A late coming out


Dear Grandparenting: I am the grandmother of seven about to make a life-changing decision. Half of me is nervous and the other half impatient. I’m thinking of coming out of the closet at the tender age of 67.

I was married. Three times to be exact. I never did figure out my problem with the matrimonial state, because all three were good men.

Women started looking a whole lot better toward the end of my last marriage. After my first time, it seemed as natural as rolling off a log. The gay life is my life now.

My biggest worry is not so much what others think. It’s what my grandchildren think. They all know how much I love them and hate to think they could stay away, like I’m something dirty. I work up the courage to tell them and freeze up. I want to do this right. Your advice? Gray and Gay, Rochester, New York

Dear Gray and Gay: Up until 1973, the bible of the American Psychiatric Association — the Diagnostic and Statistical Manual — listed homosexuality as a mental illness. And it wasn’t that long ago that gays were subject to arrest and prosecution in certain jurisdictions.

America has since come a long way. But in the flood of images and faces from the gay nation, seniors seem conspicuously under-represented. Many seniors feel neglected and marginalized, but aging gays have it worse — more likely to live alone and face discrimination among medical and social services, less likely to have health insurance or the range of benefits and goodwill extended to married or straight counterparts. In this context, grandchildren can become downright essential.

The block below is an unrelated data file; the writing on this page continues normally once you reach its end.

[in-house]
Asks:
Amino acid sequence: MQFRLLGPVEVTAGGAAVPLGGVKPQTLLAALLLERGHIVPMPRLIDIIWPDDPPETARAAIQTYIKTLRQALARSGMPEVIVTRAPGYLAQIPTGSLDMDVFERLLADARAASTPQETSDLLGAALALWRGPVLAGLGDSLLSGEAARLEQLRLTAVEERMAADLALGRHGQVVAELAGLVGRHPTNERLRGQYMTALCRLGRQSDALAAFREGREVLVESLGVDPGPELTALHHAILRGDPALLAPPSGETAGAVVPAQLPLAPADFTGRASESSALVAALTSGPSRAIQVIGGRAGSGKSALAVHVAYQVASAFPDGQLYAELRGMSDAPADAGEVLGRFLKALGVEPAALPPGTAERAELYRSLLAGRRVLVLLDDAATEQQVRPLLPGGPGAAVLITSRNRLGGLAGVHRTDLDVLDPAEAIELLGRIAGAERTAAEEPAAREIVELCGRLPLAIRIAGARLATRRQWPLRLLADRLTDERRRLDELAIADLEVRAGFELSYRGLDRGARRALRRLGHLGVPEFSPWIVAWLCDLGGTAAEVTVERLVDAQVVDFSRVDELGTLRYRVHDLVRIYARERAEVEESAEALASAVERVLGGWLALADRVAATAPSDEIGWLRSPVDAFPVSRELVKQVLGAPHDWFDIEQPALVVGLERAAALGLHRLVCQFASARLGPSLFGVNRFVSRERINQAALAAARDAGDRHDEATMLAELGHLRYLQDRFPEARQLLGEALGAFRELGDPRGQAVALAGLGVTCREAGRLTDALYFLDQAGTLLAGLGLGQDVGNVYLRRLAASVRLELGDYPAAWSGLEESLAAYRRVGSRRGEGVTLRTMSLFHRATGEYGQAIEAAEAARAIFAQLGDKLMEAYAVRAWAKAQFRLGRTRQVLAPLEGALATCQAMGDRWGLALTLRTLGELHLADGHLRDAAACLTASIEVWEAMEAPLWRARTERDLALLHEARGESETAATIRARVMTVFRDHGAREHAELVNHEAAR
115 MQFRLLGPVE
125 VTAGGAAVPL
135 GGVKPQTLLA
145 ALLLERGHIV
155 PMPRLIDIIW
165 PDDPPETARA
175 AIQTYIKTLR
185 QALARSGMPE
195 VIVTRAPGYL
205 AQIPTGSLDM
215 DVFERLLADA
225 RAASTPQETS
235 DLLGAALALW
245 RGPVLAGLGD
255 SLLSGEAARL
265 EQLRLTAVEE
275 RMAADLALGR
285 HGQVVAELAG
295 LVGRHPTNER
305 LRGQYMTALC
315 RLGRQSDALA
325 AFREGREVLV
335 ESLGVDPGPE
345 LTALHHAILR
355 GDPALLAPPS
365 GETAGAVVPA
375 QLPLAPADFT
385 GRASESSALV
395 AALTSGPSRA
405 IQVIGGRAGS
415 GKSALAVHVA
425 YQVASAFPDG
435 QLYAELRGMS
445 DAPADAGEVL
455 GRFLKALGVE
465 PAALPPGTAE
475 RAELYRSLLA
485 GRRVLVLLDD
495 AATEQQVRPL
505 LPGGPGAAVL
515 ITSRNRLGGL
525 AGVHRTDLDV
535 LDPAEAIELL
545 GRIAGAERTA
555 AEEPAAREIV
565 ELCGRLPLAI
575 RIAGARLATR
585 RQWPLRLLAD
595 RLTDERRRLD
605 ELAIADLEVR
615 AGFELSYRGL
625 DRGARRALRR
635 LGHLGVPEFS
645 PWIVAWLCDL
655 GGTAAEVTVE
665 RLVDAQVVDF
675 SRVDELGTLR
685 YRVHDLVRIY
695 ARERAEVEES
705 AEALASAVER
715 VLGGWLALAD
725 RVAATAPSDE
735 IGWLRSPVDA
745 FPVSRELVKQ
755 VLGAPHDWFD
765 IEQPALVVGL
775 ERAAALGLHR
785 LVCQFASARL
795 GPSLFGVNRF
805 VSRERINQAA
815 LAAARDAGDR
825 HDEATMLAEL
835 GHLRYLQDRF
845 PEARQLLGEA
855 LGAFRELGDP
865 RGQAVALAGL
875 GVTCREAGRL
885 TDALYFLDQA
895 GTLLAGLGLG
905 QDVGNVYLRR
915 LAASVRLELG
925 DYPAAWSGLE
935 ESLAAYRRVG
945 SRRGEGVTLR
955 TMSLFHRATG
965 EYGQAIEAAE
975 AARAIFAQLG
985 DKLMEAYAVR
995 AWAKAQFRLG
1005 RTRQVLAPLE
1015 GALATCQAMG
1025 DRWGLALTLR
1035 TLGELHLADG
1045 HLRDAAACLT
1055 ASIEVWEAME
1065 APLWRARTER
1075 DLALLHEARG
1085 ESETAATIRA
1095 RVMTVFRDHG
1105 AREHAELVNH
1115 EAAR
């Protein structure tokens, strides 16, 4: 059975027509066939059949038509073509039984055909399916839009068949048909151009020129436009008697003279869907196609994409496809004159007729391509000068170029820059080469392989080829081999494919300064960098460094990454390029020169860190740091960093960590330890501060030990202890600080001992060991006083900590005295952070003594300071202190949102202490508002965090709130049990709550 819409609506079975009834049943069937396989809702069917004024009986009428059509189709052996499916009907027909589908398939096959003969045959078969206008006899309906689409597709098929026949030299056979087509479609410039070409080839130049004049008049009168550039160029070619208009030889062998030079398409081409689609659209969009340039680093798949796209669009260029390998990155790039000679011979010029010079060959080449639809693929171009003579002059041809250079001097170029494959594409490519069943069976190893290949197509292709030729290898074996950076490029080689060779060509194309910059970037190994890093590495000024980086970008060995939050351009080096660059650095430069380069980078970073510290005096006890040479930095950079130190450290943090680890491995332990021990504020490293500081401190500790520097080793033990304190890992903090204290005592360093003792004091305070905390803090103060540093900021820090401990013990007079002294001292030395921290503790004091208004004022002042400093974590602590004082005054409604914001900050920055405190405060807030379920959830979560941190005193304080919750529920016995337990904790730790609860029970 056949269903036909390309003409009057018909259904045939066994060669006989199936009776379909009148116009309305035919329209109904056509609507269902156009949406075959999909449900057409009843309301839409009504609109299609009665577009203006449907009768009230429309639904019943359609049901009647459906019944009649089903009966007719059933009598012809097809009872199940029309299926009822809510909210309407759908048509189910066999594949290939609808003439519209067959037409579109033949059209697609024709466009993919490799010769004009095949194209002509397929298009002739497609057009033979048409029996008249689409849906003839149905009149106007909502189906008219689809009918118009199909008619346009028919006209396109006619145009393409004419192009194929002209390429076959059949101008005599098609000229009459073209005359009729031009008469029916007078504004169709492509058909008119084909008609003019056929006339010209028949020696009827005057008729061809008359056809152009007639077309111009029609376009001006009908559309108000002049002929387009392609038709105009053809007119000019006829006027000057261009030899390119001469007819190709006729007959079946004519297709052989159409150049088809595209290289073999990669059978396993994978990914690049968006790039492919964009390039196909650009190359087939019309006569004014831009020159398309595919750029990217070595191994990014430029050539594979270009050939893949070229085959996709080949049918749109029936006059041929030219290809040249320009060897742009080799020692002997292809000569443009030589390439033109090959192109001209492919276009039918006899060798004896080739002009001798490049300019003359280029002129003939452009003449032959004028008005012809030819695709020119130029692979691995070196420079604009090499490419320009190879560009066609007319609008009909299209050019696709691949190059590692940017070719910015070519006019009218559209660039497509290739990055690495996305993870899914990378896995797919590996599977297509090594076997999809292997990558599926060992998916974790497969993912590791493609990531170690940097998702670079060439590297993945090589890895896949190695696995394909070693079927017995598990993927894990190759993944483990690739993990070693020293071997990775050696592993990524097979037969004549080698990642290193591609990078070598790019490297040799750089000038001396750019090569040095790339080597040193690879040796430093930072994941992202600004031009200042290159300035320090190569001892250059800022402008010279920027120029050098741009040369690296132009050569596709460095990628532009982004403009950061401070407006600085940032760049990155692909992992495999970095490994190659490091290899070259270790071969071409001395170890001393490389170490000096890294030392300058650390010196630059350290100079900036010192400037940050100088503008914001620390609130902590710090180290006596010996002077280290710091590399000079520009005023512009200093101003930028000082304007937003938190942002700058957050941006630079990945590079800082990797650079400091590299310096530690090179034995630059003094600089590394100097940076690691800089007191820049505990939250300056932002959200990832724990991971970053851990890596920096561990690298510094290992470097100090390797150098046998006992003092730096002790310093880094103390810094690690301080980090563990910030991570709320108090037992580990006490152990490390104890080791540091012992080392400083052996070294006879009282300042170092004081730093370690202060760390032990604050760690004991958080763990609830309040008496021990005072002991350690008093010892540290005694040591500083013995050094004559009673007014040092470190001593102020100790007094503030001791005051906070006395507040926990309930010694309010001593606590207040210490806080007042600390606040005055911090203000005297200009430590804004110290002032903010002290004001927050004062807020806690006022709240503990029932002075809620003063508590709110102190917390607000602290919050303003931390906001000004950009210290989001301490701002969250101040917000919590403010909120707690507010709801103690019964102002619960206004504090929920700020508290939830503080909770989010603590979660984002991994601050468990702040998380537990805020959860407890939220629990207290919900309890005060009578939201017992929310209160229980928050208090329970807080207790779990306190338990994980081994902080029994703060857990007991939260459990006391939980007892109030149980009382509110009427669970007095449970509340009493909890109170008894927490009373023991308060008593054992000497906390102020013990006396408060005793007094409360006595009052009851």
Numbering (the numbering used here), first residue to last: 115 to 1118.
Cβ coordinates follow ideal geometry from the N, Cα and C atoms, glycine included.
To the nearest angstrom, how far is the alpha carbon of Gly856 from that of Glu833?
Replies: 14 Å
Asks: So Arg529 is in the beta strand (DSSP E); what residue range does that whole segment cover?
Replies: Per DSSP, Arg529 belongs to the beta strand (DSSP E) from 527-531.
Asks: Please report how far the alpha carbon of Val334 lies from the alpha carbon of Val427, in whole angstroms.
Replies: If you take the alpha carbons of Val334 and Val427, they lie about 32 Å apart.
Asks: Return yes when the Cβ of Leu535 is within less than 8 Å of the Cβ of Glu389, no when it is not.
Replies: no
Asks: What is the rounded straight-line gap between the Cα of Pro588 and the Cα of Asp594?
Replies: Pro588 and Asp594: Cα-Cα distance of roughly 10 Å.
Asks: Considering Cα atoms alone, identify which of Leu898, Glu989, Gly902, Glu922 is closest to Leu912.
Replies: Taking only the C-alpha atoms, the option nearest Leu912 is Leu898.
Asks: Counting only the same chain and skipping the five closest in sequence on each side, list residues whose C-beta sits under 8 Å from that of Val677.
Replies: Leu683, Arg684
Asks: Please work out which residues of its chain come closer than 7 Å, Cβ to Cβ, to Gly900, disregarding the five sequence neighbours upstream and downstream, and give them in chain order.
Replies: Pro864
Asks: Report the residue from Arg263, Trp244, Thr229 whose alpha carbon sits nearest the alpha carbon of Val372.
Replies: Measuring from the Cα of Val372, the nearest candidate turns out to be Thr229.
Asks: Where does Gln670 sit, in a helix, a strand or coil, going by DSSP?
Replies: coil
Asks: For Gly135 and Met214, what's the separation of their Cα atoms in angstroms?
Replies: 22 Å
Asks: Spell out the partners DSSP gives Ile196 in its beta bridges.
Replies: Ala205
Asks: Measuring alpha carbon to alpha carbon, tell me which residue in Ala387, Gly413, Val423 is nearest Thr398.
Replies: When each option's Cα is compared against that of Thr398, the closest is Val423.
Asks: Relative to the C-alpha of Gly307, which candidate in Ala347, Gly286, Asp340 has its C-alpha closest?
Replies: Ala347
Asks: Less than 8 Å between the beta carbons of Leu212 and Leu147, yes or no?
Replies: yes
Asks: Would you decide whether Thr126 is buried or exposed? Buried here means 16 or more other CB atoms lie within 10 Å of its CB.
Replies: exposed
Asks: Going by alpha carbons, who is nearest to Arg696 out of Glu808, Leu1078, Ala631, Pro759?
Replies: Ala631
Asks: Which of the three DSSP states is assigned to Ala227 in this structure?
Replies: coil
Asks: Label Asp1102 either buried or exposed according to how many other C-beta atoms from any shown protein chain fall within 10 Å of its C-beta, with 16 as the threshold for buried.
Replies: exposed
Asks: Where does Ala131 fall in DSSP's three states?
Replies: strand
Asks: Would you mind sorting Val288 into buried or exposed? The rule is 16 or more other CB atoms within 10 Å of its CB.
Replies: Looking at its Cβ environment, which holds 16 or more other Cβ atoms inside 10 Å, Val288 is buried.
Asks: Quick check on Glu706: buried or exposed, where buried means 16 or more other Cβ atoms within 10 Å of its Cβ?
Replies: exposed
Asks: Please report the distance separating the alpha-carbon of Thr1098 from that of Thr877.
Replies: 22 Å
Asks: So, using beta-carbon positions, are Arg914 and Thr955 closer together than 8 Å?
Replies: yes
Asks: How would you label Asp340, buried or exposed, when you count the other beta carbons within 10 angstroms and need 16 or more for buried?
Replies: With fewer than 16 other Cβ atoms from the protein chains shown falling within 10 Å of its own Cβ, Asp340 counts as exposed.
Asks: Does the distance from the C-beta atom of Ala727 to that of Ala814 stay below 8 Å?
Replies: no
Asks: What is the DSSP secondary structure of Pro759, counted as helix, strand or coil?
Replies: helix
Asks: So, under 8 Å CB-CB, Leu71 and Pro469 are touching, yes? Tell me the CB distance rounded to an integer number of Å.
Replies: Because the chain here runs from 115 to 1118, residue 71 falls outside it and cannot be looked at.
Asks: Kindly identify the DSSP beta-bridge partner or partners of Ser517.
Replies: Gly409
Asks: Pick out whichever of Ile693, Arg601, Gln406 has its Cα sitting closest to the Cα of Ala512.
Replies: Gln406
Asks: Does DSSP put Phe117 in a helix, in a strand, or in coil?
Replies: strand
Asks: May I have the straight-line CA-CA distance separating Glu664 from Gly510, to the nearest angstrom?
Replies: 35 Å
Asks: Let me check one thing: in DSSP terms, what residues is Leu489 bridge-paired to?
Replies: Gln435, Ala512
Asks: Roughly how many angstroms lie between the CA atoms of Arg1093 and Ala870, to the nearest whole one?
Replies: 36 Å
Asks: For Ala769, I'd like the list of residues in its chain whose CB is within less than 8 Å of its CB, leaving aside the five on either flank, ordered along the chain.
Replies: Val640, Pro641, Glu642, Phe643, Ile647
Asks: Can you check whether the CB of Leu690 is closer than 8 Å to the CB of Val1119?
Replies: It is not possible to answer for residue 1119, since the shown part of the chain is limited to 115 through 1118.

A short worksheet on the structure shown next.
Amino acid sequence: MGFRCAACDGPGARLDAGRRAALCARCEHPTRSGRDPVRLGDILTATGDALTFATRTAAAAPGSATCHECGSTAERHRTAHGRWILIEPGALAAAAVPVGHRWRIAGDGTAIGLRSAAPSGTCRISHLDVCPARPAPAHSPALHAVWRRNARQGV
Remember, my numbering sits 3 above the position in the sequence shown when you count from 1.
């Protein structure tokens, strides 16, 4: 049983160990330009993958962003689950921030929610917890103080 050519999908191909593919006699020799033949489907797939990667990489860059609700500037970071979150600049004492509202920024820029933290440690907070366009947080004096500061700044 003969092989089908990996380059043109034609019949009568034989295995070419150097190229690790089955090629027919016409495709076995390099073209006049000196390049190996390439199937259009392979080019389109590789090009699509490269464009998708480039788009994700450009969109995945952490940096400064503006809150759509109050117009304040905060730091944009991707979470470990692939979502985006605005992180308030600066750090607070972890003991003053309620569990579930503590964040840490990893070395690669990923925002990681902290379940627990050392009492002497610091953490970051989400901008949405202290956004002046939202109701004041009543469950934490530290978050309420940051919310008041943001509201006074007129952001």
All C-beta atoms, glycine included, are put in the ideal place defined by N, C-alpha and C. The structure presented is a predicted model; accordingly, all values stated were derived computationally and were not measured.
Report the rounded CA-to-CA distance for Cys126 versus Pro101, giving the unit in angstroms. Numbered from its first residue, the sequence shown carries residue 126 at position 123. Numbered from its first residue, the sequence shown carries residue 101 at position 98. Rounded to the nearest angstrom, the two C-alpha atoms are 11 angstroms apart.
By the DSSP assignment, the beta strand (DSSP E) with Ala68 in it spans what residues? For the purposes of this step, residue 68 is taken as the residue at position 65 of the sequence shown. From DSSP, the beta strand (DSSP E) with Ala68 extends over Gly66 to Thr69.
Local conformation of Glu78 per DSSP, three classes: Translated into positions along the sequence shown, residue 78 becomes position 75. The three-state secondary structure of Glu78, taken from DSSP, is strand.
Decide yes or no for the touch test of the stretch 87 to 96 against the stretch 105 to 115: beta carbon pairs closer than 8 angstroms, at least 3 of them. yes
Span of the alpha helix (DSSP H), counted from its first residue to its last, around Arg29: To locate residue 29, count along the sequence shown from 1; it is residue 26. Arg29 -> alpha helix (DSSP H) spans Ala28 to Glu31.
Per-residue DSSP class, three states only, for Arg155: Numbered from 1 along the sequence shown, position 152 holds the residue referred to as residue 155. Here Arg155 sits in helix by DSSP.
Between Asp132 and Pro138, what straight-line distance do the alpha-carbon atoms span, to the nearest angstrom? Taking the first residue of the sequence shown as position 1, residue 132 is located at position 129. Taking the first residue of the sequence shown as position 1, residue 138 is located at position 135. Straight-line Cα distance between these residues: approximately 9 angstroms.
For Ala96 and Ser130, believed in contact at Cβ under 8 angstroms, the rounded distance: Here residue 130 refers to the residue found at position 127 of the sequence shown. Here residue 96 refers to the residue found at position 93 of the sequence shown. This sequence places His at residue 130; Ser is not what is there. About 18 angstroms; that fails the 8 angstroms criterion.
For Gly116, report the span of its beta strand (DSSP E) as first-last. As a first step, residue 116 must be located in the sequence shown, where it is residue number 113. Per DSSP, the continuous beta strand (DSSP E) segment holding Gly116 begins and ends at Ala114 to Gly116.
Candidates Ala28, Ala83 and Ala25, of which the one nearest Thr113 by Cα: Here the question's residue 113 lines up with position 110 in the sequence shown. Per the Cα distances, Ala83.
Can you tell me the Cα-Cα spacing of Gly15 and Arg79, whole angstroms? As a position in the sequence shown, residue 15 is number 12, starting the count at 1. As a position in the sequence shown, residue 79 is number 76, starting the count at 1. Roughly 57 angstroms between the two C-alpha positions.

Twenty or so years ago, you could expect blowback. But in a nation increasingly supportive of equal rights for the LGBT community (lesbian, gay, bisexual and transgender), kids today are generally more tolerant and inclusive. For all you know, some of your grandchildren’s best friends are on the LBGT spectrum. According to a 2021 Gallup Poll, one-sixth of the so-called Generation Z born between 1996 and 2002 self-identify as LGBT.

Forget an awkward coming out speech. You’ll make the same statement just by showing up with your new “friend” at family functions; for the time being, avoid public displays of affection. By presenting as happy and content, your grandchildren will come around. Give it time.

Grand remark of the week

Jan Brownley from Everett, Washington wanted everyone at her Thanksgiving table last year to talk briefly about what they were grateful for.

When it was granddaughter Nell’s turn, she rose to speak. “I am thankful for my new baby brother,” said Nell, “but what I really wanted was a puppy!”


Tom and Dee and Cousin Key

Dee and Tom, married more than 50 years, have eight grandchildren. Together with Key, they welcome questions, suggestions and Grand Remarks of the Week. Send to P.O. Box 27454, Towson, MD, 21285. Call 410-963-4426.

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